Established as a National Science Foundation Science of Learning Center in 2006, Visual Language and Visual Learning (VL2) seeks to advance understanding of the behavioral and brain mechanisms of learning.
Through collaborative research, the Center works to answer fundamental science questions about higher cognition and how humans learn, especially learning through the eyes. We investigate the effect of visual processes, visual language, and visual learning and social experiences on the development of cognition and language, reading, and literacy. With a particular focus on deaf individuals and sign language, we study learning processes in monolinguals and bilinguals across the life span in order to promote the meaningful translation of science for the benefit of education and society. Visit the main VL2 website to learn more.
Questions we ask
- What role does learning through the visual medium play in building core content knowledge central to higher cognition?
- What role does visual processing play in building the core linguistic representations underlying language learning, bilingualism, reading, and literacy?
- What are the formal properties of visual languages, the contexts that enable learning, and the multiple pathways used to derive meaning from visual languages and print in early reading?
What the eyes reveal about the brain
- Signed and spoken languages are processed largely in the same brain tissue. This tissue does not process sound, but rather the specific rhythmic temporal patterning that underlies all language.
- Early exposure to a visual language provides visual and higher cognitive processing advantages.
- This exposure maintains the brain's sensitivity to the language patterns it must experience within the required developmental timeframes.
- Early exposure to ASL does not confuse the child or delay spoken language. Instead, it keeps the brain's language tissue and systems 'alive' and propels the development of spoken English
- Visual Sign Phonology facilitates deaf children's development of English reading skills.
- Exposure to ASL and English enhances the emergence of literacy in deaf children.
- Bilingual deaf children have the same benefits seen in children who are bilingual in other languages.
With its four hubs, VL2 has become a resource for the world
Founder and Scientific Director: Dr. Laura-Ann Petitto, Assistant Director: Dr. Clifton Langdon
BL2 investigates how the brain interacts with its environment to support language learning, reading, and bilingualism.
Renowned cognitive neuroscientist Dr. Laura-Ann Petitto and her researchers use cutting-edge, integrated fNIRS neuroimaging, thermal infared imaging, and eye-tracking technologies to conduct research on how young hearing and deaf children best learn language and literacy.
BL2 is the site of many collaborative research activities, projects that advance scientific knowledge, and federal and foundation grants involving national and international visiting scholars.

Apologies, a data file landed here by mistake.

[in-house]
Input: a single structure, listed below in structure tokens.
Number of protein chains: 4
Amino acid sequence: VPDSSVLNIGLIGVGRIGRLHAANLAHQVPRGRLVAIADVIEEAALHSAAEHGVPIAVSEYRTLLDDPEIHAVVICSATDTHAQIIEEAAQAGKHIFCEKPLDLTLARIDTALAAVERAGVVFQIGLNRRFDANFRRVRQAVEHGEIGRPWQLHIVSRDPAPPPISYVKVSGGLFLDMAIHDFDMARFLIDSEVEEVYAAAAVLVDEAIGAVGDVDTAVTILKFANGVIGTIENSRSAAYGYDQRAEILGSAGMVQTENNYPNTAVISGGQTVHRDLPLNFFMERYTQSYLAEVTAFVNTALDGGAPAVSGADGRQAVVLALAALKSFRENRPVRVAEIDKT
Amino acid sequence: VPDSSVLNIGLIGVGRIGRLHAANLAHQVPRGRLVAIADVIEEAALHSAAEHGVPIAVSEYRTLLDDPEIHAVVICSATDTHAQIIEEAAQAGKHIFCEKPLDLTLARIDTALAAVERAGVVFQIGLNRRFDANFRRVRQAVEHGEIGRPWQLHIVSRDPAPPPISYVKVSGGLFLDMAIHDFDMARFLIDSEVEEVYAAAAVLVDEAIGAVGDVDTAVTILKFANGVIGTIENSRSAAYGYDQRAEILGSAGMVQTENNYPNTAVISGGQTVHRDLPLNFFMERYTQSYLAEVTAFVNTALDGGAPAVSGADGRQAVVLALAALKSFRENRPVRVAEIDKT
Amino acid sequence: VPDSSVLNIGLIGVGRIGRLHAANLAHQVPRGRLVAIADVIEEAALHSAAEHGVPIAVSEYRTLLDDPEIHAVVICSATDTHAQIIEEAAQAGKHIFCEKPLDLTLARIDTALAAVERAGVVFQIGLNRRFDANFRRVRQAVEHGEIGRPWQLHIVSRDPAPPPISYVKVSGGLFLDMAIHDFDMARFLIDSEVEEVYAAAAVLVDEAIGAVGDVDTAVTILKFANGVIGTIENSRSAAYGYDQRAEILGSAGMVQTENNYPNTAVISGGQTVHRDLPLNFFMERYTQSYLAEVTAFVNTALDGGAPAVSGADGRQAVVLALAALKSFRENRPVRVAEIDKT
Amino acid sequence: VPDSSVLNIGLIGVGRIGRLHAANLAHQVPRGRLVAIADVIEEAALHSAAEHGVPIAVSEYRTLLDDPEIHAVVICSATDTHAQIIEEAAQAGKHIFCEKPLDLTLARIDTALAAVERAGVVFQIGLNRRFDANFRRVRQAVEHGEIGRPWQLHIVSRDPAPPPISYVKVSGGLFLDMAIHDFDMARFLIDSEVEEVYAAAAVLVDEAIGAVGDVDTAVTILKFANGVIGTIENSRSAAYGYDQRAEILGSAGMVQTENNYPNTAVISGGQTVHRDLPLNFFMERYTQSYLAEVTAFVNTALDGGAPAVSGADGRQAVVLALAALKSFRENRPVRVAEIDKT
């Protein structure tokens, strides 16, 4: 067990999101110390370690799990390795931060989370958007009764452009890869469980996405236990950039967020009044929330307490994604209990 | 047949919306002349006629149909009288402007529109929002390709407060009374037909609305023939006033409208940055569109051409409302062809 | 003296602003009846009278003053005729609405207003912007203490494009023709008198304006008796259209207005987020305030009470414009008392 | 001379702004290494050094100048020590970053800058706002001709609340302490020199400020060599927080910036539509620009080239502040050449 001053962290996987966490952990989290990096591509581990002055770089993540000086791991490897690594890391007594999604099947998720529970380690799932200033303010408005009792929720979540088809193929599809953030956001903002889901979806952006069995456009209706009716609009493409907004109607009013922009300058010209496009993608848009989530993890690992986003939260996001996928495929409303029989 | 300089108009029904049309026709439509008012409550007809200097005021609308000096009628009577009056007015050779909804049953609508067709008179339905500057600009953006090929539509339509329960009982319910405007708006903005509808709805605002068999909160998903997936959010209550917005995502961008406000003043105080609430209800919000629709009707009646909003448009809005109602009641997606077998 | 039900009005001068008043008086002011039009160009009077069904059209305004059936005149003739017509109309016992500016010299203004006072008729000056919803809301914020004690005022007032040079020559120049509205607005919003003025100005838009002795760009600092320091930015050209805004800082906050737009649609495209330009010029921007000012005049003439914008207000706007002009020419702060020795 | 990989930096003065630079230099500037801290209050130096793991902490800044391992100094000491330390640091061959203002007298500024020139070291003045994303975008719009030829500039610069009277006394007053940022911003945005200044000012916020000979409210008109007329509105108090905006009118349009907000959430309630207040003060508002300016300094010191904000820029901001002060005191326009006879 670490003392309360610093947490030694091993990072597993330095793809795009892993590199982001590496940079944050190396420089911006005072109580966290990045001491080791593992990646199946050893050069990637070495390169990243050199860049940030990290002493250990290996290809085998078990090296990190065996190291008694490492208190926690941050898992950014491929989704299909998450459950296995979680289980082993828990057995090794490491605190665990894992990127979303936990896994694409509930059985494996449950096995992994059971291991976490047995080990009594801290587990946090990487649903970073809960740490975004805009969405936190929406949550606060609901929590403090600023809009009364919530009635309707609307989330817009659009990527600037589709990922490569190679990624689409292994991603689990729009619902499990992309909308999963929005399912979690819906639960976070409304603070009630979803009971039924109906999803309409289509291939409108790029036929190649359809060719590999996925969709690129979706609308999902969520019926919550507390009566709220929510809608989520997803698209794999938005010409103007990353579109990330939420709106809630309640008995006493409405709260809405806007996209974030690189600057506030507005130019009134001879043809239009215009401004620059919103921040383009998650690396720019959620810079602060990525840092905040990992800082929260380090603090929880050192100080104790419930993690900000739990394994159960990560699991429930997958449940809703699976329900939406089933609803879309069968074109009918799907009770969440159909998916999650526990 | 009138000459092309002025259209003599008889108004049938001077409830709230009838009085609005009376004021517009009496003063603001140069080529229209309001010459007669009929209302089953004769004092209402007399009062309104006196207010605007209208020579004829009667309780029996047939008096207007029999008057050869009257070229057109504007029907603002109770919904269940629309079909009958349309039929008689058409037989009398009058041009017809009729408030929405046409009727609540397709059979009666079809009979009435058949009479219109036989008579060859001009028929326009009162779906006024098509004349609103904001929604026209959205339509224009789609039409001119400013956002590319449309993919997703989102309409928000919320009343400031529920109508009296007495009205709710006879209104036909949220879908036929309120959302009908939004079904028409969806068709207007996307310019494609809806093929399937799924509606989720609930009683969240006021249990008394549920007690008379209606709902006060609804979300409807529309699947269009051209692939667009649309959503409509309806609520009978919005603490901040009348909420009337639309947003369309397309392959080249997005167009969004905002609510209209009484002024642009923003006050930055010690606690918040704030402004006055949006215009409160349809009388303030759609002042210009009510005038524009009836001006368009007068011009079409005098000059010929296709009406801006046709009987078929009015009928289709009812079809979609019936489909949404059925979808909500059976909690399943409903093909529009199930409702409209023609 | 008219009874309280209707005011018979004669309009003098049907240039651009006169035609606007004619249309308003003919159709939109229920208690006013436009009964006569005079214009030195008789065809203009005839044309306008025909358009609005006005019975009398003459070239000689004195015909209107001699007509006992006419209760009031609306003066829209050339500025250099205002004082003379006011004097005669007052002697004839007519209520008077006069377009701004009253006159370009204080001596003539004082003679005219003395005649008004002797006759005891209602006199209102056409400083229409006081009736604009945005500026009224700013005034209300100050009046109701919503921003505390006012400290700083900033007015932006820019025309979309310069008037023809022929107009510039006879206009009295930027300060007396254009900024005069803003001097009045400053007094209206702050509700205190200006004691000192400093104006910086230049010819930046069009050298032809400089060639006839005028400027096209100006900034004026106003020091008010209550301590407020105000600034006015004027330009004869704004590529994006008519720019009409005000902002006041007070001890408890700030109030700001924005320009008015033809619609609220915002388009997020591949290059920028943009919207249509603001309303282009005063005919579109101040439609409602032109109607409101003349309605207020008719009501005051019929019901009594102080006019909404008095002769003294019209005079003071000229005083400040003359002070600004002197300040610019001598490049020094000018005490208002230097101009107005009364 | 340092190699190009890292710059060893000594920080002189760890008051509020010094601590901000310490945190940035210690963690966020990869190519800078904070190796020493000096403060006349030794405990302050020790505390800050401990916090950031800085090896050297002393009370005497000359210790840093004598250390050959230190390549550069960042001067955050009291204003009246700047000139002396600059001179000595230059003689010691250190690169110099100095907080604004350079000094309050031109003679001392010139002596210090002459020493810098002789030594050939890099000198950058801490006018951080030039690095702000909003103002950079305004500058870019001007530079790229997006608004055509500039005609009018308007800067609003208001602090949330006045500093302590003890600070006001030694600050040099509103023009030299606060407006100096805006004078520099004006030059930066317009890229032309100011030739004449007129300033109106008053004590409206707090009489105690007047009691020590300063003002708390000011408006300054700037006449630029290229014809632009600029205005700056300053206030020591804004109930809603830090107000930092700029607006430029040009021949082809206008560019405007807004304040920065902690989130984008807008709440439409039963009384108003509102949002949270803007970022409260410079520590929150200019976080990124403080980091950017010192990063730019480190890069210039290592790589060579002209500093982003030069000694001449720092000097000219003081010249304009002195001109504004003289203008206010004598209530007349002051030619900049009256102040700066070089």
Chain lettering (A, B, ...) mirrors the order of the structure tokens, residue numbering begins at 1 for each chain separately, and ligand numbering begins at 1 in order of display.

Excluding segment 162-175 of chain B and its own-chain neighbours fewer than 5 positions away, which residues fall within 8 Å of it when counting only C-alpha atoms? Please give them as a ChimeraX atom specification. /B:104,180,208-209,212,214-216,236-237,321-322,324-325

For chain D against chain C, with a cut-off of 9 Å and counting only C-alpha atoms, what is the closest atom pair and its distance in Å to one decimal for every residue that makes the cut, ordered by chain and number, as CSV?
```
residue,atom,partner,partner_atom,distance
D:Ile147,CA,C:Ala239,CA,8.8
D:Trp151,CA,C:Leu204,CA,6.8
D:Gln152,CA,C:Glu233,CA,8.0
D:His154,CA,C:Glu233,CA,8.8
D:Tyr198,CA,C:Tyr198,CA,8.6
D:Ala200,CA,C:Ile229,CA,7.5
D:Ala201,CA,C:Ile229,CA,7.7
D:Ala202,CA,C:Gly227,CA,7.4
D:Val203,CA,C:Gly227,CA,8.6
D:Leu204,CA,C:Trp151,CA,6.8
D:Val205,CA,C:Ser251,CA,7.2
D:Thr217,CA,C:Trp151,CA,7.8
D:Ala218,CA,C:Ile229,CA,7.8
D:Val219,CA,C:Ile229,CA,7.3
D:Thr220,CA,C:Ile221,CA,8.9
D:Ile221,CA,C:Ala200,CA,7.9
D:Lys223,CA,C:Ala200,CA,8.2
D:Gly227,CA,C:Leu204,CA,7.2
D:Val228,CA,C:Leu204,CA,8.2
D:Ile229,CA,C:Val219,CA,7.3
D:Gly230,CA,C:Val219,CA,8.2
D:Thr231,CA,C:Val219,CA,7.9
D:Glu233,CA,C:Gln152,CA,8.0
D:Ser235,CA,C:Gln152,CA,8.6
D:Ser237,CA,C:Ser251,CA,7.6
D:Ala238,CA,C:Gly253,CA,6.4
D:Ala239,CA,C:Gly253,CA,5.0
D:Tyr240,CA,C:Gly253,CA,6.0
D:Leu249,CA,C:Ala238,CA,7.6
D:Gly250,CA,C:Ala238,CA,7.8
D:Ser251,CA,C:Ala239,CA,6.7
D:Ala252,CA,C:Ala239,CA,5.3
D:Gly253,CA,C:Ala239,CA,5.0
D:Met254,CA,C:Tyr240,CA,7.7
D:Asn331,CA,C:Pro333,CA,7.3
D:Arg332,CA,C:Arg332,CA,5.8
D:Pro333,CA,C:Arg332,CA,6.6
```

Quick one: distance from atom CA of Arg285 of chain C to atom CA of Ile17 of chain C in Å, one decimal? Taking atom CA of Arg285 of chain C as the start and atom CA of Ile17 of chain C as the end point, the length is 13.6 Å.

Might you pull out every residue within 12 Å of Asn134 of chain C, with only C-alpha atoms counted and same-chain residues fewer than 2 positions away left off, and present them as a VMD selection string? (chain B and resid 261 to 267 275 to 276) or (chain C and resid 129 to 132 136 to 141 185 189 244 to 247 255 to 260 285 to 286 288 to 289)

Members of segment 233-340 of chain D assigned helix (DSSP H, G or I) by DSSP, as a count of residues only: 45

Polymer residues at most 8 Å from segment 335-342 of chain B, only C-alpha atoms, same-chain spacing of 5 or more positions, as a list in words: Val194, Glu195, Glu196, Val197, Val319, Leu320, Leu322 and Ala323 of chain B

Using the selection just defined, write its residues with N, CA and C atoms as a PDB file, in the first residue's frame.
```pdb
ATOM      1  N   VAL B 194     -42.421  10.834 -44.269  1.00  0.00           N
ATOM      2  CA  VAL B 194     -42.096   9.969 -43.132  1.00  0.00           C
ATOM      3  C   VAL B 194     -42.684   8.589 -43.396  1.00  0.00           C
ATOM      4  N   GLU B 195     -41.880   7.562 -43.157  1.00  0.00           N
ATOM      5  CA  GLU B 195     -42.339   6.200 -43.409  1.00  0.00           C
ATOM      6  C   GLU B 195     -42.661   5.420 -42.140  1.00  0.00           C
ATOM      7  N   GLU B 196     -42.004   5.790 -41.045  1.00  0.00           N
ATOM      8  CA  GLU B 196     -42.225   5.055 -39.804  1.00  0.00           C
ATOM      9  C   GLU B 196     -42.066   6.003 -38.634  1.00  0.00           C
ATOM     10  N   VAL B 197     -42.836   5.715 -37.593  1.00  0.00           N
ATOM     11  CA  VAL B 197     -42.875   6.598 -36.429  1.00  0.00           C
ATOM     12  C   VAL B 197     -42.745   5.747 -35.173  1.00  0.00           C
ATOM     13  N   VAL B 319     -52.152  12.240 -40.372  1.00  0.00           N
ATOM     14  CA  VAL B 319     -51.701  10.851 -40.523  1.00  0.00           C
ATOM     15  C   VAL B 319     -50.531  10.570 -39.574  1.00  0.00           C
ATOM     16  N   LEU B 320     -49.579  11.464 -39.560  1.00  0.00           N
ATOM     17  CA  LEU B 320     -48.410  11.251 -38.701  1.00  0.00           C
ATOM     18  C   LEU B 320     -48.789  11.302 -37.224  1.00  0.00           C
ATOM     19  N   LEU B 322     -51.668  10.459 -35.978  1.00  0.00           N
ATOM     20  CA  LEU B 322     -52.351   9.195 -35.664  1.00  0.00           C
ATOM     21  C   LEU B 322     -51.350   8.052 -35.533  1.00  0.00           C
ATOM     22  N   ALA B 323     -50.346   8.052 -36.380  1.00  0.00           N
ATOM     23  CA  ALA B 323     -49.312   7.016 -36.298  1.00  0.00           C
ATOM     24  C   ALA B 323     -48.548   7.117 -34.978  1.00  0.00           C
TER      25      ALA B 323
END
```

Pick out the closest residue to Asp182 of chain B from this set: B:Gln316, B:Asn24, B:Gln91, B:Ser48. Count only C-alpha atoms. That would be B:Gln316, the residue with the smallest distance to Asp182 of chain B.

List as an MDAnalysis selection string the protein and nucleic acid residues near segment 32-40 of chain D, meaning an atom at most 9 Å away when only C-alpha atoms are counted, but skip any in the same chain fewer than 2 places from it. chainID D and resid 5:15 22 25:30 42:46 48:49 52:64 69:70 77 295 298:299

BL2 is a core training site for Gallaudet’s Ph.D. in Educational Neuroscience (PEN) program, offers neuroimaging training and certification, and serves as a resource for the Washington, D.C., area and the nation in advancing basic scientific knowledge about how children learn language, read, and become high-functioning bilinguals.
Director: Dr. Thomas Allen
EL2 develops and distributes toolkits to measure young deaf and hard-of-hearing children’s language and cognitive development.
EL2 engages in classroom and home-based studies focusing on the mutable and immutable factors that contribute to the development of literacy in deaf children.
Researchers identify individual differences among children and the impact they have on emerging literacy. They use a variety of statistical modeling approaches to analyze large longitudinal data sets. Students working in EL2 benefit from opportunities to analyze this data for their theses and dissertations, many of which get published.
EL2 also develops, validates, and distributes new assessments that measure children's language and cognitive development. The lab also collaborates with TL2 and ML2 to evaluate various Center translational products.
Founder and Creative Director: Melissa Malzkuhn, Science Director: Dr. Lorna Quandt
ML2 innovates technologies to help improve and advance research-based translation.
Examples include the world’s first interactive ASL-English bilingual storybook apps and a storybook creator platform, based on research from BL2 and EL2, and other reading and learning tools optimized for bilingual language and reading development.
Ongoing projects include collaboration with BL2 to use motion capture technology to create avatars for incorporation in a robot-avatar-thermal enhanced learning tool.
ML2 keeps Gallaudet on the front line of advances in visually-based learning technologies. It offers students rich opportunities for training in computational and digital media innovation.
Director: Dr. Melissa Herzig
TL2 translates VL2 research discoveries for application in the wide range of learning environments that deaf children experience.
TL2 produces publications and resources—e.g., research briefs, information packages, and websites—that summarize research in easy-to-read language for parents, educators, doctors, policymakers, and other professionals.
TL2 staff also provide training for educators on bilingual education and language policy, and they oversee mechanisms for quality control and risk assessment for publicly-available ASL products from VL2 and elsewhere.
The work of Dr. Laura-Ann Petitto and VL2 has debunked several myths related to bilingualism and early language acquisition.
Scroll through the gallery to read the myths and learn what science has to say.